(Matthew 27:32; Mark 15:21-22; Luke 23:26) – The Cyrenian (modern-day Libya) who was unexpectedly recruited to carry Jesus’ Cross on the way to Calvary is mentioned in all the Synoptic Gospels and in Mark he is called “the father of Alexander and Rufus” (Mark 15:21). Tradition has it that his sons later became Christian missionaries (cf. Romans 16:13).

Profile Point: This Simon represents all the suffering popes in history, from the martyrdom of the first ten popes to the sacrificial labors of our modern pontiffs. The Papacy itself carries the agonies of mankind along the sorrowful way of human history through a proclamation of Christ Crucified. Popes also hand on the Apostolic Tradition as Simon handed on his experience of Christ to his own sons.

Simon Magus

(Acts 8:9-24) – Simon the Magician was a sorcerer from Samaria who was baptized by the Apostle Philip. He was insufficiently converted and later attempted to “purchase” spiritual power from the apostles. Because of this, the name simony is applied to the sin of buying and selling positions, influence, and sacred things in the Church. He was severely rebuked by St. Peter but also repented (v. 24).

Profile Point: It is hard to imagine a more common papal failing throughout history than the sin of simony; yet, this Simon repented of his sin and represents all the popes who have experienced and preached the transforming power of Christ’s forgiveness. St. Peter himself was the first to hear the merciful words of Christ after his sin: “If you love me, feed my sheep” (John 21:15-17).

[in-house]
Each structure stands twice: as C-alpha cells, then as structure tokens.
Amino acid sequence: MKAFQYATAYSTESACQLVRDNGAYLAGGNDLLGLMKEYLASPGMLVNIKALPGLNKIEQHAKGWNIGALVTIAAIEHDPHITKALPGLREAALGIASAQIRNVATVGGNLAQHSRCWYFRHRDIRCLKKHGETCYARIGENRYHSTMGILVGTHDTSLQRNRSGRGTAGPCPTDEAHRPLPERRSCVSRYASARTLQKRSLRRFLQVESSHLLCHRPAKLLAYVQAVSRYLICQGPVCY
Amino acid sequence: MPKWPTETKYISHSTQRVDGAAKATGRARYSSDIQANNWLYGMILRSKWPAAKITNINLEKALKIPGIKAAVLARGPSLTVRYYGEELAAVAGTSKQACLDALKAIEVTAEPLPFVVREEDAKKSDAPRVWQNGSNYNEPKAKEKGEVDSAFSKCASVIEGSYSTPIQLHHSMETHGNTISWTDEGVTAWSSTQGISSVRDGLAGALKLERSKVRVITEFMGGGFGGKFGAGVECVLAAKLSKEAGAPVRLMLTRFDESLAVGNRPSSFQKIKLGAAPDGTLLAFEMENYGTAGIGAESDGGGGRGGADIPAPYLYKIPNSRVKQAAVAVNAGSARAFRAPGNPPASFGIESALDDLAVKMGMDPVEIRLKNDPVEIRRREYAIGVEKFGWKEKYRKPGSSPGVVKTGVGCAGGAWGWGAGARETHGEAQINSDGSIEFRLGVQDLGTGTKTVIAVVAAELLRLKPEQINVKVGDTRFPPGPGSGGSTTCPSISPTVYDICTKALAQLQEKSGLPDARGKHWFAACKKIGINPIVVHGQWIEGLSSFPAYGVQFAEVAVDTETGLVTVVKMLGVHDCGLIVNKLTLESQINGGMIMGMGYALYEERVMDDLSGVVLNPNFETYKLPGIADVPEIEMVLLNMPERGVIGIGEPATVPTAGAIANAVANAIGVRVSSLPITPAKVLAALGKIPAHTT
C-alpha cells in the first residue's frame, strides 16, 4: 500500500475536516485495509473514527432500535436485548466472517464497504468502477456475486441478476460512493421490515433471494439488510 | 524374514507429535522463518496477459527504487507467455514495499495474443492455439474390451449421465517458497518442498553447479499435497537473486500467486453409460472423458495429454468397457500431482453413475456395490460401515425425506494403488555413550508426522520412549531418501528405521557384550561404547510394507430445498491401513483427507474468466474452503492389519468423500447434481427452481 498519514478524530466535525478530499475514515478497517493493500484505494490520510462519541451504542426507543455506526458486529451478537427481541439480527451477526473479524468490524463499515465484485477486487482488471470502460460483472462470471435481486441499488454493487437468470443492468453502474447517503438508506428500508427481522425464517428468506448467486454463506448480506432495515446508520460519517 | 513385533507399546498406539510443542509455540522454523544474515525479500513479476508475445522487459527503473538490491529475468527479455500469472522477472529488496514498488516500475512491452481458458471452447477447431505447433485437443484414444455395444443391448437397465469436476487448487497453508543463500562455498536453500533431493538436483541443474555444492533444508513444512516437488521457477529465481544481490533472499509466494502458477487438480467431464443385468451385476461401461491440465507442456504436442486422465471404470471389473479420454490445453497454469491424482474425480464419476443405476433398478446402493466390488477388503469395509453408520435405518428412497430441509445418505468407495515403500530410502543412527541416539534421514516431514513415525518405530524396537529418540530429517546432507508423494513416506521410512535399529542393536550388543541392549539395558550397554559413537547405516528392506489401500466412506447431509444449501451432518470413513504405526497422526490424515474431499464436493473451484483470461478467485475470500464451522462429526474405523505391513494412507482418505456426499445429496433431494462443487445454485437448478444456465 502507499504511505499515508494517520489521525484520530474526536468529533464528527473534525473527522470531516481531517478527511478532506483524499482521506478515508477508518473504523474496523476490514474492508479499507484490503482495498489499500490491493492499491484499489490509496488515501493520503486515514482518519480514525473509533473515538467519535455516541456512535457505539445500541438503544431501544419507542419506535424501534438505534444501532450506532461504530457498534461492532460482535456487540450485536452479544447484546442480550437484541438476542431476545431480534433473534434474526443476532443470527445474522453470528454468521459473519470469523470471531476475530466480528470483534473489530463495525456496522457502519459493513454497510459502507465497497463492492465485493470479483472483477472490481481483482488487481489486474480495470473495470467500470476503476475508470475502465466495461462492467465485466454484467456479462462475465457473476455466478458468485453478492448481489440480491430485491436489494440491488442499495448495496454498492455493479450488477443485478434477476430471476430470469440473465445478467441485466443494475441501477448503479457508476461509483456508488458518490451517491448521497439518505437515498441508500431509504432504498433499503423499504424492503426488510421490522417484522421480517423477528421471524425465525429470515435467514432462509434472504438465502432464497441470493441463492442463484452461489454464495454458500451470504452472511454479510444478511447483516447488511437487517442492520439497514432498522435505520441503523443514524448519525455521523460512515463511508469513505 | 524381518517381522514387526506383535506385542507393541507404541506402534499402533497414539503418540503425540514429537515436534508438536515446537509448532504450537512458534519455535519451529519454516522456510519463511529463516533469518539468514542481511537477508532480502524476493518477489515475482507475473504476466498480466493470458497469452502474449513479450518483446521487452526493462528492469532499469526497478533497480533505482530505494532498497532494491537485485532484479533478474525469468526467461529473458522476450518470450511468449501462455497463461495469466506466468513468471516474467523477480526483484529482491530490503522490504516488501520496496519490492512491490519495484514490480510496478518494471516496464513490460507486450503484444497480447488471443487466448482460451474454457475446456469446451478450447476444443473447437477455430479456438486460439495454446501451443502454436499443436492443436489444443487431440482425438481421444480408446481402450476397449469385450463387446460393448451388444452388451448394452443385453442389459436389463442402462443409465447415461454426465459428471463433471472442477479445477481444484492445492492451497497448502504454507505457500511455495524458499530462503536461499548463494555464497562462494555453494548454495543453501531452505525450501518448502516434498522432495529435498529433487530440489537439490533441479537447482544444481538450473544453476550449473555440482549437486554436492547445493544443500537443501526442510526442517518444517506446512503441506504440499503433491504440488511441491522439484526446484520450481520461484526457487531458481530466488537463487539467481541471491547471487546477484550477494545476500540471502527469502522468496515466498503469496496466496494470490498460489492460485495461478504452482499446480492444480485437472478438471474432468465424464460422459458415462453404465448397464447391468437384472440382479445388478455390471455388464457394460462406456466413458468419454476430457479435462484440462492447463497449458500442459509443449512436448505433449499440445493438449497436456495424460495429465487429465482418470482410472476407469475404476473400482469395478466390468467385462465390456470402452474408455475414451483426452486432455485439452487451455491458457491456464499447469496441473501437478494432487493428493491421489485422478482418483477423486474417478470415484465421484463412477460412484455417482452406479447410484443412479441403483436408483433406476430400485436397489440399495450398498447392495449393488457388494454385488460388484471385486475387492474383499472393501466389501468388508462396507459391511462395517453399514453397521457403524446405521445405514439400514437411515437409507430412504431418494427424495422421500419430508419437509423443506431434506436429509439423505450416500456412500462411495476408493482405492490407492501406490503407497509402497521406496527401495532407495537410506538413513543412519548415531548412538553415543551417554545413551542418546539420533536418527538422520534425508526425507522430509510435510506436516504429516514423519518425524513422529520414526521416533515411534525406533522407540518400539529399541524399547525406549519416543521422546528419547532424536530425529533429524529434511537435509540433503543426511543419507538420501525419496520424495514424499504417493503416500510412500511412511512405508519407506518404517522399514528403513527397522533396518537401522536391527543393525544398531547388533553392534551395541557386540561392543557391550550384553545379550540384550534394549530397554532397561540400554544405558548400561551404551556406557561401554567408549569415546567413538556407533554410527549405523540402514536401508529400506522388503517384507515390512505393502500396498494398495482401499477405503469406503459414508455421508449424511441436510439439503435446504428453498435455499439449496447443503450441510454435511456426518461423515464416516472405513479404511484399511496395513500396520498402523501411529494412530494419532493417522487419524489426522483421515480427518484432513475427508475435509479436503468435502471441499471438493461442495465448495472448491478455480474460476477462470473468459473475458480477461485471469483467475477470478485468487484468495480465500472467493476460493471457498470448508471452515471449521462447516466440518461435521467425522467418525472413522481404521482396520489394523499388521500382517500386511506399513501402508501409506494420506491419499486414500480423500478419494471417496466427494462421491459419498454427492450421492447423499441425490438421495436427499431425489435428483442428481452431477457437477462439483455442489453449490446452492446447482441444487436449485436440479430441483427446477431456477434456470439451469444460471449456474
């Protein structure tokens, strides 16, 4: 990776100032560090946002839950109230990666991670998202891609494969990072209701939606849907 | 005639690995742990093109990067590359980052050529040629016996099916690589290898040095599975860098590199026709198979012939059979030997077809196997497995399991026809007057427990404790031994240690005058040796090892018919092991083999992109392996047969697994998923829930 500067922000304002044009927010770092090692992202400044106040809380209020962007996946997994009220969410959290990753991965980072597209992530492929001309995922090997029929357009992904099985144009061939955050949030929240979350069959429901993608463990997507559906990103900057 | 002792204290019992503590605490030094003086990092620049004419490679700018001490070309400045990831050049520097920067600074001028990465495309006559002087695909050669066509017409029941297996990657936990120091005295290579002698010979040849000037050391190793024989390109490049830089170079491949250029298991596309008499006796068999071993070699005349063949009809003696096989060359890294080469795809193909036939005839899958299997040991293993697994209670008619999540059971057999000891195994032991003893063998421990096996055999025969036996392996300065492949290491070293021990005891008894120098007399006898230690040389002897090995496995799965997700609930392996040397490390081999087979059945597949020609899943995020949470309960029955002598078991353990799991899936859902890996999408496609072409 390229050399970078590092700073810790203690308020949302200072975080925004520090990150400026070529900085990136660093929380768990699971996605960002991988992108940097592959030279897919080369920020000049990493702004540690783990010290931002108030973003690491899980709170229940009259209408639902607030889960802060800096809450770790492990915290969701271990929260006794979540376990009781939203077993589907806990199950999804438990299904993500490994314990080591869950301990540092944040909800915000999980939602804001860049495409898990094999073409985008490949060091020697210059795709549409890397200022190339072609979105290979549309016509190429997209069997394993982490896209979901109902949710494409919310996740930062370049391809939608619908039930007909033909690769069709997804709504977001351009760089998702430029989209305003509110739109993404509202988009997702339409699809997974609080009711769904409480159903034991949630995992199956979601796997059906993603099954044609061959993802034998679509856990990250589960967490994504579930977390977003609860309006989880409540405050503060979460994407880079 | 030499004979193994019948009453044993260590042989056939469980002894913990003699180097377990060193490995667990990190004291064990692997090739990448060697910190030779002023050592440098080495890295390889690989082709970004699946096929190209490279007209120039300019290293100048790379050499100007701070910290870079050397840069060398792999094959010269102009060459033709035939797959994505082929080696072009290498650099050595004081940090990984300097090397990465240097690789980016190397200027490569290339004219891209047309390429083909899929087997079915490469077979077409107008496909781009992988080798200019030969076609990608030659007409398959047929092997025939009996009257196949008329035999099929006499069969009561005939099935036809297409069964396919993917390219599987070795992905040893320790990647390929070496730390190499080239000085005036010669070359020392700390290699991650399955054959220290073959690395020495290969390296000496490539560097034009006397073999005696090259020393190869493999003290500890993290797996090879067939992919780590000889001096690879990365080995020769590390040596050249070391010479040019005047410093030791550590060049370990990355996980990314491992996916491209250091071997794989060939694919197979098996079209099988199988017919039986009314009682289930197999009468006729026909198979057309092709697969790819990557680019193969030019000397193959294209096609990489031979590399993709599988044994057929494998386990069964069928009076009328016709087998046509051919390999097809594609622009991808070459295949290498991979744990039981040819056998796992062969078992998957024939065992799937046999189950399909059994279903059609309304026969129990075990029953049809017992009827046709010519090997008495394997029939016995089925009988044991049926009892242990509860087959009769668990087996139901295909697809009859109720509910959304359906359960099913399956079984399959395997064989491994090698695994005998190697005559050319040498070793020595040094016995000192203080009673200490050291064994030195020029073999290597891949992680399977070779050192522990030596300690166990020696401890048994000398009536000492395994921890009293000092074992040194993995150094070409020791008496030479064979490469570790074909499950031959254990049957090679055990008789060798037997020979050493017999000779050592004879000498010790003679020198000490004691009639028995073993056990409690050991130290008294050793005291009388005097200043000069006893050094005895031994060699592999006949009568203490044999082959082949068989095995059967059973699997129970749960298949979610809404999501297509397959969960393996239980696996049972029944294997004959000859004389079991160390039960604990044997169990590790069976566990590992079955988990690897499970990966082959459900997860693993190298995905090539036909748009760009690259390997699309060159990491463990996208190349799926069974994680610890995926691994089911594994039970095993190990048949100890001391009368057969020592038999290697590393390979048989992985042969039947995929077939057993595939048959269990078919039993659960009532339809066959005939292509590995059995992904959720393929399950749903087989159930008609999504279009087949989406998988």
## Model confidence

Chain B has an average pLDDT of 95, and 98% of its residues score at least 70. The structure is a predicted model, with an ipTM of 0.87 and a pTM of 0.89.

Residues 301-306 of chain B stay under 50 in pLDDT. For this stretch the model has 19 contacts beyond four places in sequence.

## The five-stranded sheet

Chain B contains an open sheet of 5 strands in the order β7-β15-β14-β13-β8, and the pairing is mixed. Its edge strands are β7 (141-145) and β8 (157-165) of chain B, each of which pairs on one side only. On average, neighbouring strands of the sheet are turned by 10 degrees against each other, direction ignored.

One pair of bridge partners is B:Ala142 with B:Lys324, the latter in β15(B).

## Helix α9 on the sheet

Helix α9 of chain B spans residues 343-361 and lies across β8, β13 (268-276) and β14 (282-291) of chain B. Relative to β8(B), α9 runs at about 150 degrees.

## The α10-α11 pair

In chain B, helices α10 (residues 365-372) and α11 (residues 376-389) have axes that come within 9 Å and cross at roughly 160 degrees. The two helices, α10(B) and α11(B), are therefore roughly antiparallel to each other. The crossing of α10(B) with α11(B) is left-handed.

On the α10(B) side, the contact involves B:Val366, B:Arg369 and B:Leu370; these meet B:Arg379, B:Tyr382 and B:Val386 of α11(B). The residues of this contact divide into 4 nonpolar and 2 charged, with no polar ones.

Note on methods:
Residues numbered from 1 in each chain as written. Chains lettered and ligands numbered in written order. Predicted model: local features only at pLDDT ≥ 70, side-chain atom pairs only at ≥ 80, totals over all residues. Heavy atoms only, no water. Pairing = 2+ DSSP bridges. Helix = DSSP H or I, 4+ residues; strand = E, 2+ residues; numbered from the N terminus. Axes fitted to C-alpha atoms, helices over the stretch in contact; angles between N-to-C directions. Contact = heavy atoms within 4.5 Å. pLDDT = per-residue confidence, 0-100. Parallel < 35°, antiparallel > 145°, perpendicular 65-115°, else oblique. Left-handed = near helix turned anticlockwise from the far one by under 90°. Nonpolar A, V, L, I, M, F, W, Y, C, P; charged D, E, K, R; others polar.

Simon the Tanner

(Acts 10) – We know nothing of this Simon except that he was a tanner of leather and that he hosted St. Peter “for a considerable length of time” (Acts 9:43). It was in his home that Peter had a vision in which God instructed him to open the doors of the Church to the Gentiles. The Roman centurion Cornelius was then told by an angel to send emissaries to find Peter at the tanner’s house.

Profile Point: Very few popes receive mystical visions as Peter did, but all popes preserve the sacred doctrine of Christ, much as Simon the tanner preserved leather as a profession. The sanctuary of Simon’s house led to the conversion of the Gentiles; it is from the sanctuary of the Church that the popes open wide the spiritual riches of Christ to the world.

The incredible variety of Simons forms quite a picture, doesn’t it? But are they a biblical composite of the one Petrine office? I think so.

When our first Pope was acting out of his human weakness, Jesus often called him by his given name: “Simon, Simon, behold Satan has demanded to sift you like wheat” (Luke 22:31). Many of the man’s faults have been captured in the pages of Scripture for future ages of Christians to lament: impetuousness, pettiness, timidity, even betrayal.

Simon Became Peter

So it seems that Simon became Peter only when he transcended his weakness and put his own desires behind him in order to embrace the duties of his office. When Simon finally hearkened to Christ’s wishes alone he became Peter. It was this man who rebounded from his personal failings to shepherd the sheep of Christ’s flock and ultimately to die on a cross for Him.

Patriarch, sinner, leader, hypocrite, holy man, leper or apostle: they’re all part of the composite picture of a fallible man who was given an infallible office. But we must not get caught up in the fallible Simon part. There is only one Peter. Upon that Rock Christ built His Church – and the gates of Hell shall not prevail against it.

Originally published by Catholic Stand.